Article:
There are various ways to distribute a PyXLL add-in, typically:
Sharing Python code on a network drive
This is the simplest option as it allows your Python code to be deployed centrally, ensuring that all users see the same code at all times.
As long as a user can read from the network drive, PyXLL can be configured to read Python modules from there. This ensures that you don’t need to copy code around and that all users are always referencing the same version of your code.
The PyXLL configuration can be shared by using the external_config option in the pyxll.cfg file. You can list multiple external configs which will get merged together when PyXLL loads.
The PyXLL config file itself can also be on a network drive. The environment variable PYXLL_CONFIG_FILE can be set to tell PyXLL to load a config file from somewhere other than the default location. You can use environment variables inside the config file so that logging gets written to the user’s local storage.
When deploying code on a network drive you will want to make the folder read-only to your users to ensure no accidental updates occur.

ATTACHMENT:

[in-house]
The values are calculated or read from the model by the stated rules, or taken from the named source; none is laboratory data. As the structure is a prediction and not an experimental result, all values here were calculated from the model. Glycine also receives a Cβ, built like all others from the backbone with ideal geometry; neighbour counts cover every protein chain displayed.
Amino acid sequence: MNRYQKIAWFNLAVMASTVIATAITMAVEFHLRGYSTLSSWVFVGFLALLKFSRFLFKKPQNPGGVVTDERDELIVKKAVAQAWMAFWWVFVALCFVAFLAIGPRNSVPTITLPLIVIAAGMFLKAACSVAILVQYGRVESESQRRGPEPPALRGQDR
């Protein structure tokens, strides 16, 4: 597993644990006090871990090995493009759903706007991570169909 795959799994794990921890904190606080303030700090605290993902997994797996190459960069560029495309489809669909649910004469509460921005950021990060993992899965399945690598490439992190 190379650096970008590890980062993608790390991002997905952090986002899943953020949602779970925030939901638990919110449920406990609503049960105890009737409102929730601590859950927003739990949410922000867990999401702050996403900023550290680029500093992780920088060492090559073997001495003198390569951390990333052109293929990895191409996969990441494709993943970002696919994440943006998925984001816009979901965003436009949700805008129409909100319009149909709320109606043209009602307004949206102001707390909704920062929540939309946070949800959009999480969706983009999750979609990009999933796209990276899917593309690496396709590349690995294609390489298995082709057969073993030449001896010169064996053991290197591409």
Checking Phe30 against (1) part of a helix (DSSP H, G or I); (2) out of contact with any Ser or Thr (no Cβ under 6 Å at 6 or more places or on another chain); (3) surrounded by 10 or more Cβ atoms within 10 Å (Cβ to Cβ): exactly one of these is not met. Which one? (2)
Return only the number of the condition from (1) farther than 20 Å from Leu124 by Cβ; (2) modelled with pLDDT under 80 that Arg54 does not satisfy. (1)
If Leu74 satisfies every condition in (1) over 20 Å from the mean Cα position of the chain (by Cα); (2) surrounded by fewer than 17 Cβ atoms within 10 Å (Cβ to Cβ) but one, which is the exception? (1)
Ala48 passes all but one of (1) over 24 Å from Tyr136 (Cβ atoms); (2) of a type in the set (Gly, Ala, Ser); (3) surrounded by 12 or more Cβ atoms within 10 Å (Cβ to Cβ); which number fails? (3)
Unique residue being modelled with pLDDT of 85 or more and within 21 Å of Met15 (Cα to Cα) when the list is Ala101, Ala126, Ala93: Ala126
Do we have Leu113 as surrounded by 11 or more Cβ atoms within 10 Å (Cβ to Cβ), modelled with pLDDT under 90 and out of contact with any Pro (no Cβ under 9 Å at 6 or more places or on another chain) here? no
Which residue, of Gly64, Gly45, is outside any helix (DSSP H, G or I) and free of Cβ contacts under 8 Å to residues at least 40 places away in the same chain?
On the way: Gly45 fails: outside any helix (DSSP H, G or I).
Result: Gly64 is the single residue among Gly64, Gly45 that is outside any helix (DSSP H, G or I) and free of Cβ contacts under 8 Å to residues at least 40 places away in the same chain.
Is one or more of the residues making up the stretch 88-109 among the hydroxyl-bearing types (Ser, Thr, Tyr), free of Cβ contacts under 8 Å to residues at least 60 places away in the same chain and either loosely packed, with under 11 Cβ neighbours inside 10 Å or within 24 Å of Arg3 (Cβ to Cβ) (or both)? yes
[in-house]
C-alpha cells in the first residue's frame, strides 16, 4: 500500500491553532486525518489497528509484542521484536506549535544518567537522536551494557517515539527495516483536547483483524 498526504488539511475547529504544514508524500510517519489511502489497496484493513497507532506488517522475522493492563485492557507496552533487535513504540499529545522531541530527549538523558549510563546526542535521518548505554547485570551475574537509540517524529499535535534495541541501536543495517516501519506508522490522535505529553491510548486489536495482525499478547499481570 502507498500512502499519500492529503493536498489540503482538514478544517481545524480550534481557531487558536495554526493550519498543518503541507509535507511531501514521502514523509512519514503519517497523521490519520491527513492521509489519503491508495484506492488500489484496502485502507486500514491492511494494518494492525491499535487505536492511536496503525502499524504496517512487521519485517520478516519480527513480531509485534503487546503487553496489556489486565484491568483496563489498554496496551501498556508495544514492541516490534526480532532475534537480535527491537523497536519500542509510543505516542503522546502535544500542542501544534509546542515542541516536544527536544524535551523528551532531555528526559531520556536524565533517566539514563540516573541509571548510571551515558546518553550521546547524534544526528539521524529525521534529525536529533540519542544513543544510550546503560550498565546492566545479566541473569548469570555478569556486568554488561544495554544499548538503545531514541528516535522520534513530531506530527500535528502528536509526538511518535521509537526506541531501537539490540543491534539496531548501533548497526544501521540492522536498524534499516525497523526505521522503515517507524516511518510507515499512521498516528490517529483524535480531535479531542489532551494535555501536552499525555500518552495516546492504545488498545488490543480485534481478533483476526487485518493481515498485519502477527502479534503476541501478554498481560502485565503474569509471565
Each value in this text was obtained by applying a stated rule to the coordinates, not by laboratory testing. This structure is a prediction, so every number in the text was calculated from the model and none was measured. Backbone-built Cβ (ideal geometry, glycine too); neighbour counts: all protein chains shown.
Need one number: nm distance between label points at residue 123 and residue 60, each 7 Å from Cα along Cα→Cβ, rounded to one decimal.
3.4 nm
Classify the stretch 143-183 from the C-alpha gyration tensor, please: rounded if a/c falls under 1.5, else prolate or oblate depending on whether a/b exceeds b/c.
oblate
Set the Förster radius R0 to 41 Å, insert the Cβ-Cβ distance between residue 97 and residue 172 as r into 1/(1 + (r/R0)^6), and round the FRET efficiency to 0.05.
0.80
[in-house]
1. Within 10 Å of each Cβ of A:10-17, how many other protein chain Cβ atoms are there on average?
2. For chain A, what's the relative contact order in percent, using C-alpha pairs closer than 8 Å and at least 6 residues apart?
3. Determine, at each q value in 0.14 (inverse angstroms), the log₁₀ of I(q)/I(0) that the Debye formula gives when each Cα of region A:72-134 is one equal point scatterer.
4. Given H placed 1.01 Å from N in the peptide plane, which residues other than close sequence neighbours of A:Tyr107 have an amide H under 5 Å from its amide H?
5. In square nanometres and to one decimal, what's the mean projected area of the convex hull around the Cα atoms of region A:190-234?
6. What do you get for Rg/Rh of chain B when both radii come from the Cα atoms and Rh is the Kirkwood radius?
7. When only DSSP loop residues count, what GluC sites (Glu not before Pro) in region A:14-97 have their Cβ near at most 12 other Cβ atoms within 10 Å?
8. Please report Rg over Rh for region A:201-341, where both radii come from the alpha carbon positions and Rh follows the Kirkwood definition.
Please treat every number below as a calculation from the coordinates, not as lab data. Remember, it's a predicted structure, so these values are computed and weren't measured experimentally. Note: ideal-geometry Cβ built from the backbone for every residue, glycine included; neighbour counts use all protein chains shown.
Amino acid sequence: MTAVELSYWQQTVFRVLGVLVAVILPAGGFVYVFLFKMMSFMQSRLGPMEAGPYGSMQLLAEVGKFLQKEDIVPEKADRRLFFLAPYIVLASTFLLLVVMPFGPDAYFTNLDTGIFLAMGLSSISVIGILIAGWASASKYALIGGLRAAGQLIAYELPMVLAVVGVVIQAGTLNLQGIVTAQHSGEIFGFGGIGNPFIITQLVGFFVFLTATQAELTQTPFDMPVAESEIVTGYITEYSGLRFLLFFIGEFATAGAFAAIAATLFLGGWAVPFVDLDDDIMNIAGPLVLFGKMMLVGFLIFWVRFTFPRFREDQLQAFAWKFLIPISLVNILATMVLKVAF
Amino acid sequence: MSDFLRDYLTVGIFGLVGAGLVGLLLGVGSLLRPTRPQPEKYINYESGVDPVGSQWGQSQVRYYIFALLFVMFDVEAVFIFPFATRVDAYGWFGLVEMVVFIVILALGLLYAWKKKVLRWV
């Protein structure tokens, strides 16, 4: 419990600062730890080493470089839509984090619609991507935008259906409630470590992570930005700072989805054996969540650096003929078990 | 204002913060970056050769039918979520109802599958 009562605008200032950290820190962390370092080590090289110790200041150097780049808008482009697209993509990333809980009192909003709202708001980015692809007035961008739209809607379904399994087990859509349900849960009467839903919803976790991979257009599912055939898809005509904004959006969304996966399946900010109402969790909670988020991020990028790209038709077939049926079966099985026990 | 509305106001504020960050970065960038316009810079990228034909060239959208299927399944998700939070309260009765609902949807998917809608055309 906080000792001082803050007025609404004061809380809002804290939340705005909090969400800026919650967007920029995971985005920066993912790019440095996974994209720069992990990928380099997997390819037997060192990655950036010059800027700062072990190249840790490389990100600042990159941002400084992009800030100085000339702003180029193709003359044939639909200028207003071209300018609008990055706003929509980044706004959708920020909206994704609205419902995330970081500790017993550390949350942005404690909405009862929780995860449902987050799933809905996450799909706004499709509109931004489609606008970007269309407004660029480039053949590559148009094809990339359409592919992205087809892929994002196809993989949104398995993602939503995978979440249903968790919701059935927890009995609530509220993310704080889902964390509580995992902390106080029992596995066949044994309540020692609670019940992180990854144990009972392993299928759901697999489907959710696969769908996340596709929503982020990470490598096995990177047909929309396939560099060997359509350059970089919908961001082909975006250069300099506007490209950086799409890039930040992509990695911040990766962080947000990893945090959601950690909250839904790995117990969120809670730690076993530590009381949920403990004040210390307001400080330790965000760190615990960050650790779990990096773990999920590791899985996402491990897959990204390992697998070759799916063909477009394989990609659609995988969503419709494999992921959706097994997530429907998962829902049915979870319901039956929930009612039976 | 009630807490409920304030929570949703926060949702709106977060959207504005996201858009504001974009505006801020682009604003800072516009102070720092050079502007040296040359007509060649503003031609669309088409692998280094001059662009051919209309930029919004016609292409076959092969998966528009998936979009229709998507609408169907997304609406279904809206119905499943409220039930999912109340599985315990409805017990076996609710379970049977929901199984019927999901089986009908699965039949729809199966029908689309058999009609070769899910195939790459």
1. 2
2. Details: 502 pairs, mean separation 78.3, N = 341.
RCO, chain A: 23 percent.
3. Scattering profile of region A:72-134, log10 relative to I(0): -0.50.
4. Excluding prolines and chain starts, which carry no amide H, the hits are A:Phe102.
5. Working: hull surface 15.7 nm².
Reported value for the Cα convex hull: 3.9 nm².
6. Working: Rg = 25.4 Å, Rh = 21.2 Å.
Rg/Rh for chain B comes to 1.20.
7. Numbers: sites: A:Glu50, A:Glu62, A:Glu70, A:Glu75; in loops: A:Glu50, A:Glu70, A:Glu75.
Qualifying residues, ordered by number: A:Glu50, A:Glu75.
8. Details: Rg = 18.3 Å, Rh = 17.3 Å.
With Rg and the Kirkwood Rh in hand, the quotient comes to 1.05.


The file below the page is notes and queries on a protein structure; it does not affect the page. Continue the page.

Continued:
To update the Python code, rather than updating in-place it is good practice to create a new folder with the updated code and then change the pythonpath in the shared config file to that new folder. This way if there are any problems then you can quickly revert to the previous folder, and it also avoids problems with certain files (e.g. dll and pyd files) becoming locked while users have then open.
Pulling code from a shared folder or deployment server
New in PyXLL 4.4: Use a startup script to configure PyXLL and download or update Python code from a central location (e.g. a shared folder) or web server.
If you already have another mechanism for distributing Python code to client PCs then you can use that to distribute the Python code to the client PC and configure PyXLL to use the code in the location it is deployed to.
Building an installer
This is useful when you need to deploy to PCs that might not have fast or reliable access to your network, and so accessing a shared drive or a deployment server is not feasible. The Python runtime can be bundled with PyXLL into a single standalone installer.
Depending on your use case, this may be a good solution for deploying a PyXLL based add-in to multiple users.
For detailed instructions and an example project for building an MSI installer, see https://github.com/pyxll/pyxll-installer.